Forget what goes with what. Instead, start with a few select pieces that anchor the whole space. There’s the sofa, the chairs, perhaps a table (or sidetables depending on the shape and size of your room) and a dresser, then build up your layers in stages (yes, pun intended). Here’s where your drapes or blinds, rugs and throws, lamps, art, books and collectibles all come into play. More on each of these later.

Meanwhile, what’s important to remember here is that in a maximalist home, there’s no such thing as an ‘arrangement’, a standard talking point for visitors, and most certainly no such thing as too much furniture. The art you collect, just like your books, is a reflection of your personality. Put it out there for everyone to see.

A true maximalist looks at a blank wall and sees only wasted opportunity. The question is not ‘does it go’, but, ‘will it fit’? And when buying either art, or when stacking shelves or sills, corner alcoves or coffee table tops with precious literature, stick to only one rule – Shakespeare’s very own – “to thine own self be true.”

Say yes to texture and layers. Wallpaper, murals, wall art, decals, staid silhouettes and playful water colours framed back to back, blinds, drapes, curtains of every kind – silk, velvet, lace, organza, jute, cotton – sporting patterns and weaves, a casual throw here, a gorgeous mat there, and of course, to tie it all together, indoor greens, casual cushions, quirky odds and ends – a cabinet full of curiosities perhaps, or vases of every shape, size and colour.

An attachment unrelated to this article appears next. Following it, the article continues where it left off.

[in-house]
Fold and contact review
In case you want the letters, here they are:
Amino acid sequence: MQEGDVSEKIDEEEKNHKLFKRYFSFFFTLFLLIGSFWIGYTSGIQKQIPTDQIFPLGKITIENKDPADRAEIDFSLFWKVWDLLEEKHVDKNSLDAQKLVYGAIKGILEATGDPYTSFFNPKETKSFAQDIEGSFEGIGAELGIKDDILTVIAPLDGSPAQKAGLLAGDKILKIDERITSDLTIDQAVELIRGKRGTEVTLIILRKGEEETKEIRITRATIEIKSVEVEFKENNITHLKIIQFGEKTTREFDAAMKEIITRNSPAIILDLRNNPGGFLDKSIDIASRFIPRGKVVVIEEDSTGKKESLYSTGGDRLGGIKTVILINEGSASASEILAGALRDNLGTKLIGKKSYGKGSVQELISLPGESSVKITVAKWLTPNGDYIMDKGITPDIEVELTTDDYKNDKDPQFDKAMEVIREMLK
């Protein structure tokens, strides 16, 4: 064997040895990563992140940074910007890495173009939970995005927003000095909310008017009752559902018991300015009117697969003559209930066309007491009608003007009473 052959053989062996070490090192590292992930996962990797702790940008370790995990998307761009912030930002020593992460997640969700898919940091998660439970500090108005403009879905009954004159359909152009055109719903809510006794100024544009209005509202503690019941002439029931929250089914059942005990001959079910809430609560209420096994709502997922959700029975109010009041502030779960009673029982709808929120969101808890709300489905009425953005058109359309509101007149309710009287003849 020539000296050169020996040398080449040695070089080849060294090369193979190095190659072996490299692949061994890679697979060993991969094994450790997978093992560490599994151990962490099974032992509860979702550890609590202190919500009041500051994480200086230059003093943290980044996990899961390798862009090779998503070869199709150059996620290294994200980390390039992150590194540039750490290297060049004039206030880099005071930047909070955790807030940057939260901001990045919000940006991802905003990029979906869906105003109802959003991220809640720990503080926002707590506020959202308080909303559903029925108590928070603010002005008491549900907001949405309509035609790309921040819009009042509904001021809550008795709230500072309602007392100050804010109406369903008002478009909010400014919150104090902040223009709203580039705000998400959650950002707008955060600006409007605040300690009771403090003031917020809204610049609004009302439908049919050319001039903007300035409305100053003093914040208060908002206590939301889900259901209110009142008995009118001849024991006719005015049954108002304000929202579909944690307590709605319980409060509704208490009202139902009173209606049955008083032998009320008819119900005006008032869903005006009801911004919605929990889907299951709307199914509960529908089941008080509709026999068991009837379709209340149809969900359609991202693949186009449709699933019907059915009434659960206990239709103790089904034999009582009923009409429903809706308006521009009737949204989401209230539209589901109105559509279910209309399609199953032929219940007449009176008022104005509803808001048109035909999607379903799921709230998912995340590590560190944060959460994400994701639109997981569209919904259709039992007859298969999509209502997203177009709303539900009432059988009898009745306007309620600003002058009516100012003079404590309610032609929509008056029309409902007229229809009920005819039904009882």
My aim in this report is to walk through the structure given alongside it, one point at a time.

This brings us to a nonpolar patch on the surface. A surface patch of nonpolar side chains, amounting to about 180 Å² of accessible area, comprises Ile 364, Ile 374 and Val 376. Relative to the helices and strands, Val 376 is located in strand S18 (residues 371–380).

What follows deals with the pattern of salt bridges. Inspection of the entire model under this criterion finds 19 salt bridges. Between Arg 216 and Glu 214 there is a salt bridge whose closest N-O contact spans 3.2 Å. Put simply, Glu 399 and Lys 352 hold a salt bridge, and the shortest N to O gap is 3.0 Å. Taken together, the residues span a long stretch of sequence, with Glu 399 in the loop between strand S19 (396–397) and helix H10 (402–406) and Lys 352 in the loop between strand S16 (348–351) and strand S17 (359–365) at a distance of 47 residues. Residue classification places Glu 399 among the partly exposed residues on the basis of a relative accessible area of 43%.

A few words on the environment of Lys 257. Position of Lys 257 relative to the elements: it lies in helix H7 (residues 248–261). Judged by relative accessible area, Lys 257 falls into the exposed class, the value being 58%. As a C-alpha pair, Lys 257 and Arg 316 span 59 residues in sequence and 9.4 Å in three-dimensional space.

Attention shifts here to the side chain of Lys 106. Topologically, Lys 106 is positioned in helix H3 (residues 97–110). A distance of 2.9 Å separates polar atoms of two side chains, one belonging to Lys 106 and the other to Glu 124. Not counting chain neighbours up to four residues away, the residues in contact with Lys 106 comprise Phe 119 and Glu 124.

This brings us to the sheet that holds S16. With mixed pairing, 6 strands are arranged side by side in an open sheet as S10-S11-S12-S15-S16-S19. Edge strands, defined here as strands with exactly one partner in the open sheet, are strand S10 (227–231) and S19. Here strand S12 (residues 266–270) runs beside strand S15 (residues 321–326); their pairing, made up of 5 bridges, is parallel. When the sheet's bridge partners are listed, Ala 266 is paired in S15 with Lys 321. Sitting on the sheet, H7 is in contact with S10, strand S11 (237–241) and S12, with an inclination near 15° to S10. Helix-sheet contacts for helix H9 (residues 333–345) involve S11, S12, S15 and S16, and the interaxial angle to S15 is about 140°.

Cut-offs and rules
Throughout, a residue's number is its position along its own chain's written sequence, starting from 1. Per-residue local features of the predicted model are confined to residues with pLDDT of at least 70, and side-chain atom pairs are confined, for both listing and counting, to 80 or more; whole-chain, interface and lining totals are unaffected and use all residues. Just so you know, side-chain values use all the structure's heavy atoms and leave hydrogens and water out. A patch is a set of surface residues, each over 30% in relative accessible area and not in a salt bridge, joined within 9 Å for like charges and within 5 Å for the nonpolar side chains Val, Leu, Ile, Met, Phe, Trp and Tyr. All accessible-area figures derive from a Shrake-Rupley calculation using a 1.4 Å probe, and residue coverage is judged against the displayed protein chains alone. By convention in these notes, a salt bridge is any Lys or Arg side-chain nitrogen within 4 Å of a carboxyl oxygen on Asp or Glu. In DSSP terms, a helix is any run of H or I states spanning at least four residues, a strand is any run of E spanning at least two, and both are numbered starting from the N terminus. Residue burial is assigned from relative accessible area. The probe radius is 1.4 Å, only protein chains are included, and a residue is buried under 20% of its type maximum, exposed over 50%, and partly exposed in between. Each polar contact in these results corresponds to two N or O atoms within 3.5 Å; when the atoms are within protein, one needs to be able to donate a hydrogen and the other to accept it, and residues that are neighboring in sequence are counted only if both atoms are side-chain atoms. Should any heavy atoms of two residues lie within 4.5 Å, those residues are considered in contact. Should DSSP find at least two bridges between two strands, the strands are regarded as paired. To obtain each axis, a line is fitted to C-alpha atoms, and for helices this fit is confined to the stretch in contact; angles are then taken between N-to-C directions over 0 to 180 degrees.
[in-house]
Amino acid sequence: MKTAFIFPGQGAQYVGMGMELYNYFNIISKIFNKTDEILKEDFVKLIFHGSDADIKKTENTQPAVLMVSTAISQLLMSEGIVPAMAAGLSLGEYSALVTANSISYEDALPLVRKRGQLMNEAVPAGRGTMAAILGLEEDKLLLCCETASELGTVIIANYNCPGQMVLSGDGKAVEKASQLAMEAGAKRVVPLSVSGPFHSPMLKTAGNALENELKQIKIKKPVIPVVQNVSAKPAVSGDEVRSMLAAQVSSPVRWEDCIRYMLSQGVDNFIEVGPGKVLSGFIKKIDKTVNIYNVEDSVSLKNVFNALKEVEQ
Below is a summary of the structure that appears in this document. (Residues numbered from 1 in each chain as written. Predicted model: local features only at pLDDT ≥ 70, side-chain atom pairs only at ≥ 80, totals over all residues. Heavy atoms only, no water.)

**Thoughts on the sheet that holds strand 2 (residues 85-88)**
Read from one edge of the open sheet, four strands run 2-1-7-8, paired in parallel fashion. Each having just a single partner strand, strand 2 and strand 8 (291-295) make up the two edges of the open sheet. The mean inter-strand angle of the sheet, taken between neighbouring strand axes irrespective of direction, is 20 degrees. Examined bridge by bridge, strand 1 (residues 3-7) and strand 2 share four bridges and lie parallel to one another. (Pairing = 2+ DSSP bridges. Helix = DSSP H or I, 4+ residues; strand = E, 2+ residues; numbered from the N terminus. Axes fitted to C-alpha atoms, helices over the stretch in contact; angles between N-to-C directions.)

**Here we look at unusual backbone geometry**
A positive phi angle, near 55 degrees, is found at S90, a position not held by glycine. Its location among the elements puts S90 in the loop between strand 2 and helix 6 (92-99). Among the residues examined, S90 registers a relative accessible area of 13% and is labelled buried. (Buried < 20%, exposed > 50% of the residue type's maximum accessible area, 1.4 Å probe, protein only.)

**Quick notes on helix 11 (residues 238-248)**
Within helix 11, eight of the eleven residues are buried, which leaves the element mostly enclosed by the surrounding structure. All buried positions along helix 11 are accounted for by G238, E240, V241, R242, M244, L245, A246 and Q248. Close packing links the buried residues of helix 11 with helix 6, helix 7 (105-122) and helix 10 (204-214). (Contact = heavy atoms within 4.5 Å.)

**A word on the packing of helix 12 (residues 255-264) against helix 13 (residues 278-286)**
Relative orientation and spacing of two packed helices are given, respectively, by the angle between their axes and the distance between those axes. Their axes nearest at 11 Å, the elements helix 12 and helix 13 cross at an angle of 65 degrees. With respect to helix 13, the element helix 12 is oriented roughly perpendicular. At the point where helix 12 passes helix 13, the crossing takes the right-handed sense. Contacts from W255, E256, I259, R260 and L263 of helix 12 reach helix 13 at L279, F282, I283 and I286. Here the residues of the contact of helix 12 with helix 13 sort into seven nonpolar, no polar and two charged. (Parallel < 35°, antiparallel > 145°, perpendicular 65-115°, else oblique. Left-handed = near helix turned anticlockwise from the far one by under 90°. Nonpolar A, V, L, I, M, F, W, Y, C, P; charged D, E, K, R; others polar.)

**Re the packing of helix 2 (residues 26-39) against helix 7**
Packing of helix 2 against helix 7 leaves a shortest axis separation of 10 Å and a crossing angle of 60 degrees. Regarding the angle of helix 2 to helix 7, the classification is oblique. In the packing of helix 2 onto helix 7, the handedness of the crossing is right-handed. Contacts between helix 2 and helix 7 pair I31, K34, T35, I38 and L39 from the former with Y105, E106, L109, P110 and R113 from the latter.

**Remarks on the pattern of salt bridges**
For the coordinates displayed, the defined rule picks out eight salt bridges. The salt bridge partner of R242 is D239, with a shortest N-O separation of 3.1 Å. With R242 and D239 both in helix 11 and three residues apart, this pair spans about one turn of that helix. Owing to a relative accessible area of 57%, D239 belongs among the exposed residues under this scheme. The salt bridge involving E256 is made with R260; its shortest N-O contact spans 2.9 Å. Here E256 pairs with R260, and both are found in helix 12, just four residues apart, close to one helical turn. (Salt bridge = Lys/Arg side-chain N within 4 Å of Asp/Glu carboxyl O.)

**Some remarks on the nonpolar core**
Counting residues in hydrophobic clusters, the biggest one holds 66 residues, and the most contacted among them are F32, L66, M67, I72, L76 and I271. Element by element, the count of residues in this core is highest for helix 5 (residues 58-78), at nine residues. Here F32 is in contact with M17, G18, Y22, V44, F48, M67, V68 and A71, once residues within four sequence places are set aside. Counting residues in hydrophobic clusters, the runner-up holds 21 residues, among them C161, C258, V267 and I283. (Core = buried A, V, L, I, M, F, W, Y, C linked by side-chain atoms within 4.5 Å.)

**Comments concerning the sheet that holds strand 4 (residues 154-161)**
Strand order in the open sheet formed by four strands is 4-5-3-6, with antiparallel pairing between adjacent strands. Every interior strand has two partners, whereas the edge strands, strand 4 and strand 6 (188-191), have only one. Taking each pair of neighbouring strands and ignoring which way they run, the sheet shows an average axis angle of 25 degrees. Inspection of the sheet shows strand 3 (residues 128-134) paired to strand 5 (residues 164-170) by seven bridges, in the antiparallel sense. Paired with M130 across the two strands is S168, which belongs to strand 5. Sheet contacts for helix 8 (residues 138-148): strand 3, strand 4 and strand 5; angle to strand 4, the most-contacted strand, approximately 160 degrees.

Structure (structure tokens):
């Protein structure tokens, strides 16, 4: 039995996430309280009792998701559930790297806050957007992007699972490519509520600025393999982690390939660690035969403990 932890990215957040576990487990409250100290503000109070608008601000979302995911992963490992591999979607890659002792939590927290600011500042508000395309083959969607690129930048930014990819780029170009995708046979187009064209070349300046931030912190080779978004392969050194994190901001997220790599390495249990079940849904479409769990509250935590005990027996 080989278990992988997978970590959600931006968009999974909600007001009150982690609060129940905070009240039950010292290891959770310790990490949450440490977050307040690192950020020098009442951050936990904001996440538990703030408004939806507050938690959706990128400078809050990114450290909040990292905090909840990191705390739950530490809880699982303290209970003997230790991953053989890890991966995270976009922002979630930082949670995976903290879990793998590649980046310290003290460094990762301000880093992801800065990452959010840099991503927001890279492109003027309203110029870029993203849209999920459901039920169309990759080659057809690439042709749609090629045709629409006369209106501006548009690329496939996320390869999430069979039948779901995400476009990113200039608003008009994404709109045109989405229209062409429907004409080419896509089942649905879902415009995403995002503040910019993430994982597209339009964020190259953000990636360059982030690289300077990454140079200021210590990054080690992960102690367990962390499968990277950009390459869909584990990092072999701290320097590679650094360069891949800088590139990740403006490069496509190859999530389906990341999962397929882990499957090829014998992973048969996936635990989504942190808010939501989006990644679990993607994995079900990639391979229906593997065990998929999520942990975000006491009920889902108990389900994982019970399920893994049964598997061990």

Everything else...

Play around with scale or decorate around a single point of spectacular visual interest, either way, remember, when it comes to layering in a maximalist home, there’s no such thing as a contradiction, and more is always less.

When it comes to your floors, make sure they too, are dressed to kilim! Besides a wide variety of flooring options – marble, granite and other stones, wood, terracotta, tiles, mosaics – that can also be mixed and matched, don’t forget to think of these as an opportunity to add colour as well as charisma to your space. If your ceiling can boast mood lighting, then your floors deserve their own fair share of carpeting too.

Be proud of your home. You know all those knick-knacks you picked up when travelling – what everyone else so tackily call “souvenirs”? Well, they’re in fact so much more – all your wall plates, your flags, magnets and mugs, your postcards on memory boards and maps (even if tattered from use) – each of these, is an extension of your own wayfaring, curious and delightful personality.

Add further quirk and eccentric interest by displaying these, alongside your other collections: jars and bottles that hold your greens, pressed flowers peeking out of lovingly scoured first editions, a collection of vintage dollhouses that started when your great-grandmother passed hers along down generations, antiques and flea market finds that you never could resist, boutique buys, decoupage and other craft projects – yes even the incomplete ones, seashells from a lazy tropical getaway spilling from a centre table bowl, and every other odd and end that you never had the heart to give away because they held sentimental value.

If people stare, it’s only because you’ve nailed Maximalism. Because in the end, it’s stories and memories, not ‘things’, that make a home.

(The author is founding editor,